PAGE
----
“Dear all,” the Yammer post began. “Something happened last night where all my years of training helped me keep this situation in my community from escalating, and minimized risk and injury until the paramedics and police arrived.”

I had to paraphrase exceedingly just now due to confidentiality reasons, but I can say that this post in our Yammer External Network for customers had to do with a teenage girl, a restaurant, alcohol and drugs, and a butcher’s knife. The customer’s daughter and two of her friends were also present.

Thanks to this customer’s training, everyone stayed safe: The girl with the knife, staff and customers, friends and family, and her own self, as she kept the situation calm and under control until the authorities arrived. What could have been a tragic tale became a success story.

It’s also not exactly unusual for our customers.

Our customers take our training to help them safely manage all sorts of disruptive and potentially disruptive events and behaviors. Typically this is in their daily jobs, from teachers, security guards, and nurses, to long-term and managed care staff, to therapists and disability services aides, and loads of etceteras.

But things happen off-hours, too. And it’s things like this that help illustrate how what we train works, how it sinks in past the eyeballs, how it truly helps even to the point of saving lives.

Yet I wouldn’t have even known about this if it hadn’t been posted in Yammer. My role is the community manager; I don’t generally talk to customers on the phone nor engage with them on email, I’m not the one going to tradeshows or conferences, and I’m definitely not one of our staff trainers.

Here on our Yammer network, customers share their stories. They know that this is a place where someone will understand what they do and what they experience. They know they can come here to get help, and to give advice in return. It’s a constant stream of sharing, engaging, learning—working out loud.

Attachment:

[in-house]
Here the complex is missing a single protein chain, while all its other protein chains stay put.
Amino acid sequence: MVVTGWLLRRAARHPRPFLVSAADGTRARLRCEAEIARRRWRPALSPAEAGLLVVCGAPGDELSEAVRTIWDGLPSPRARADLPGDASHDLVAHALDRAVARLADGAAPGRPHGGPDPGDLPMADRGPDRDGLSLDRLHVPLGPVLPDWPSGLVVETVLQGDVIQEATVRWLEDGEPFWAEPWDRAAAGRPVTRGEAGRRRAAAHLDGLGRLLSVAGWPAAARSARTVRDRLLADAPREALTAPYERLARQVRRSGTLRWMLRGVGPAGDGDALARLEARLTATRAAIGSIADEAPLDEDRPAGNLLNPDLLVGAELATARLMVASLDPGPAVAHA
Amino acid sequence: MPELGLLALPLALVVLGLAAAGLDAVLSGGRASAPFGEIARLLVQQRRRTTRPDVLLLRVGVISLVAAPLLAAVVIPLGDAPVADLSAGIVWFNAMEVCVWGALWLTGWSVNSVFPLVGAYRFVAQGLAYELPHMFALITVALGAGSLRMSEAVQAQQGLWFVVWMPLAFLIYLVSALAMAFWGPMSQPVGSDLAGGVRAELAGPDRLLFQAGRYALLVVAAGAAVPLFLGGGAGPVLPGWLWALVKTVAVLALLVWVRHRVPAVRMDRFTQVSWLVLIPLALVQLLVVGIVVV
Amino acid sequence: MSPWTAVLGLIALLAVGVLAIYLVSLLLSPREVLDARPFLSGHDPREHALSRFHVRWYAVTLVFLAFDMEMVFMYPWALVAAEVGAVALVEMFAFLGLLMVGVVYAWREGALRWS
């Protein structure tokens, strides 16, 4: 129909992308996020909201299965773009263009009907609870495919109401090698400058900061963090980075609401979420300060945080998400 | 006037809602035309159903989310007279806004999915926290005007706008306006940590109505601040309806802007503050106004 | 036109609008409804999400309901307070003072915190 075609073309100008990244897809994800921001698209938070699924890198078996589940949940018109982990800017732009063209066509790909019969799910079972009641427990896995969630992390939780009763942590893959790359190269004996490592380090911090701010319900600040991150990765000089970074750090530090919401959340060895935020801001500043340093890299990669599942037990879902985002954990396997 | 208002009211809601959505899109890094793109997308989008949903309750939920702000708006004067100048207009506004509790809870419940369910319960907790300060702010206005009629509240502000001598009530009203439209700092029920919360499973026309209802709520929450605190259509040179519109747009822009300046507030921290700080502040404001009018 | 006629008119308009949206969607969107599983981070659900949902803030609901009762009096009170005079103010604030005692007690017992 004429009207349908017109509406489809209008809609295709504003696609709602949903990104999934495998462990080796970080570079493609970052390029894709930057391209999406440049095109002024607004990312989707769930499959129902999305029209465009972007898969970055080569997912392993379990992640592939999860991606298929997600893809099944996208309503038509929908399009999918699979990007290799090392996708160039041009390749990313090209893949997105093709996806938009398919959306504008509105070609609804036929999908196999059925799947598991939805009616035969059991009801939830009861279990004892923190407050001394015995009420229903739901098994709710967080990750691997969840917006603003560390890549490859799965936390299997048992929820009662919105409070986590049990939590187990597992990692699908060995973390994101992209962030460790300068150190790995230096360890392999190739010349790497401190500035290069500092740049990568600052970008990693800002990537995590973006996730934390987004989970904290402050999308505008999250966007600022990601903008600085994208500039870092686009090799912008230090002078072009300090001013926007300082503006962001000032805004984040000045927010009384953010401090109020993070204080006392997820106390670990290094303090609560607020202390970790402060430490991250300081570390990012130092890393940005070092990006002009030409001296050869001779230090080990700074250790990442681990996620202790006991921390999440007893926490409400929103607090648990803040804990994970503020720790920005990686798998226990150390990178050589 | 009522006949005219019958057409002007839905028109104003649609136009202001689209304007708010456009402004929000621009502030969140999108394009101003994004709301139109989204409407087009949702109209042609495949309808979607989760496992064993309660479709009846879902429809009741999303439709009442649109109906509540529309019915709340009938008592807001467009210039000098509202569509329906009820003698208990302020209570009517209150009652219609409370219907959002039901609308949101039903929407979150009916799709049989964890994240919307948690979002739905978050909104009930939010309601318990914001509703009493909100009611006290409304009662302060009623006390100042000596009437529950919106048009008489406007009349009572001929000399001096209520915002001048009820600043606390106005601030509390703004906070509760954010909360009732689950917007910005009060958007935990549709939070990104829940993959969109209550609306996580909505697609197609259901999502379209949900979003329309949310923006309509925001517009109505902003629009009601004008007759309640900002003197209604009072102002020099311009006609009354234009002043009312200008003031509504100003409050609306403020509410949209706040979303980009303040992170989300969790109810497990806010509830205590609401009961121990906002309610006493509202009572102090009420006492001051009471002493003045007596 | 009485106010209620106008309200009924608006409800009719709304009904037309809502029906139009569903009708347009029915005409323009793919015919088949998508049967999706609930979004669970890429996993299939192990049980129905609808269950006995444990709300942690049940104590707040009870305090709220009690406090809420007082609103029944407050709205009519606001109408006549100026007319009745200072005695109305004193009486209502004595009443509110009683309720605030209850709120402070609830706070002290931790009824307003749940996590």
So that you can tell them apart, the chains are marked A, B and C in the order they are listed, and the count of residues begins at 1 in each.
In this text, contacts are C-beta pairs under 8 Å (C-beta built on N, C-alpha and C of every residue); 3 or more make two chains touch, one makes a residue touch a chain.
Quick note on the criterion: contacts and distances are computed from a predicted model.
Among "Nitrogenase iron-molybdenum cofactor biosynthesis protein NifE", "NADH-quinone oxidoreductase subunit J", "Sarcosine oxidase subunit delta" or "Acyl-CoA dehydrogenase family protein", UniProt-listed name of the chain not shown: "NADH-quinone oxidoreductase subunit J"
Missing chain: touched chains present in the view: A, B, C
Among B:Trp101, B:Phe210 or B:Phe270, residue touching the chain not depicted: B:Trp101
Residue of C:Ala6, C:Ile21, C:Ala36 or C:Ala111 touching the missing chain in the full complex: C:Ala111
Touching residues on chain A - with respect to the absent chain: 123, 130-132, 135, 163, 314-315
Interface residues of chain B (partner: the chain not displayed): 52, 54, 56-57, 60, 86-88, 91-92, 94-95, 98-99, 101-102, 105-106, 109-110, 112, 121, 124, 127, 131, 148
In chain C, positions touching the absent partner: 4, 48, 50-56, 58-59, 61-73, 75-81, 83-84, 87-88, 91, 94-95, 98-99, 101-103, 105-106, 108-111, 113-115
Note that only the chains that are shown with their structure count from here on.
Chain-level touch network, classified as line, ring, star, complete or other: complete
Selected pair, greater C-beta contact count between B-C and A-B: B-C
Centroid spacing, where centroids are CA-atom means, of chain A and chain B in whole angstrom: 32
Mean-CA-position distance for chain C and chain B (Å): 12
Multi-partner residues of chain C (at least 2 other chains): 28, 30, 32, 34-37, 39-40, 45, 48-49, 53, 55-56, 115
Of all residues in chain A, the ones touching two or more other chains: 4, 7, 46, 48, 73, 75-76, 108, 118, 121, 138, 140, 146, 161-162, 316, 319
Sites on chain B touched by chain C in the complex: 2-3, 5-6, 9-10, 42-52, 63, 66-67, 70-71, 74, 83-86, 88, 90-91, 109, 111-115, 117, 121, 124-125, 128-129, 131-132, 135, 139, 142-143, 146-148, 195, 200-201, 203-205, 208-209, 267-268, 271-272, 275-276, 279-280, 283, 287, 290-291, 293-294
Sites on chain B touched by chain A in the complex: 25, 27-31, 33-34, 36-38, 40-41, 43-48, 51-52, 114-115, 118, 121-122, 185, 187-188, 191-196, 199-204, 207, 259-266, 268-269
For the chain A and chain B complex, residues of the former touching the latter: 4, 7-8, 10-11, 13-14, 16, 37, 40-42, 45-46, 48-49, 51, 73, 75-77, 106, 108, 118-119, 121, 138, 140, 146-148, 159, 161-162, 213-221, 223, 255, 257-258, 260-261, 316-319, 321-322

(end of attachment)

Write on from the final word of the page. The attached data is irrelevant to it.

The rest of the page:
It’s a place where we as CPI staff try to stay out of the way because it’s not for us, it’s for them. Yet it’s still working out loud even from our internal point of view, because for me and a lot of our staff, this is a world we wouldn’t know, because we’re not out there doing it. But we can listen, and we can learn.

That post came in from Australia at 2:25 a.m. my time. By the time I got to see it, it already had a bunch of responses from people in the UK, the US, Canada. . .it was great to see.

“Your story engages the emotion – a WOW! moment – which then can start the chain of change in organizational culture,” said one response.

“It is great to hear stories when the principles of what we learn and teach work in action,” said another.

Others shared their stories of having to use their training in “off-hours” incidences, and how everyone stayed safe in those situations, too.

A particular beauty to this is that most of the time they don’t even think of these things that happen as stories, success or otherwise. It’s just their jobs. It’s just what they do. I see it over and over in this space.

With all that, a teaching moment came up. Depending on their region, our customers can learn different programs under our training umbrella, and understandably, not everybody knows about all the programs we offer.

This particular customer happens to be trained in two of our programs. One of the comments on the thread asked what one of those programs was—and our customer was happy to explain it. So now this thread which was already awesome had expanded its scope even more.

The original post ended like this: “It was all due to the principles I’ve learned. Thank you so much!”

And I thank them for working out loud in this space to help the rest of us learn, too.

Becky Benishek

BeckyBenishek_picBecky Benishek is a second-year Microsoft Office Servers & Services MVP, and is the Social Media & Community Manager for the Crisis Prevention Institute (CPI) in Milwaukee, WI. She runs a Yammer Home Network and two External Networks for CPI’s customers.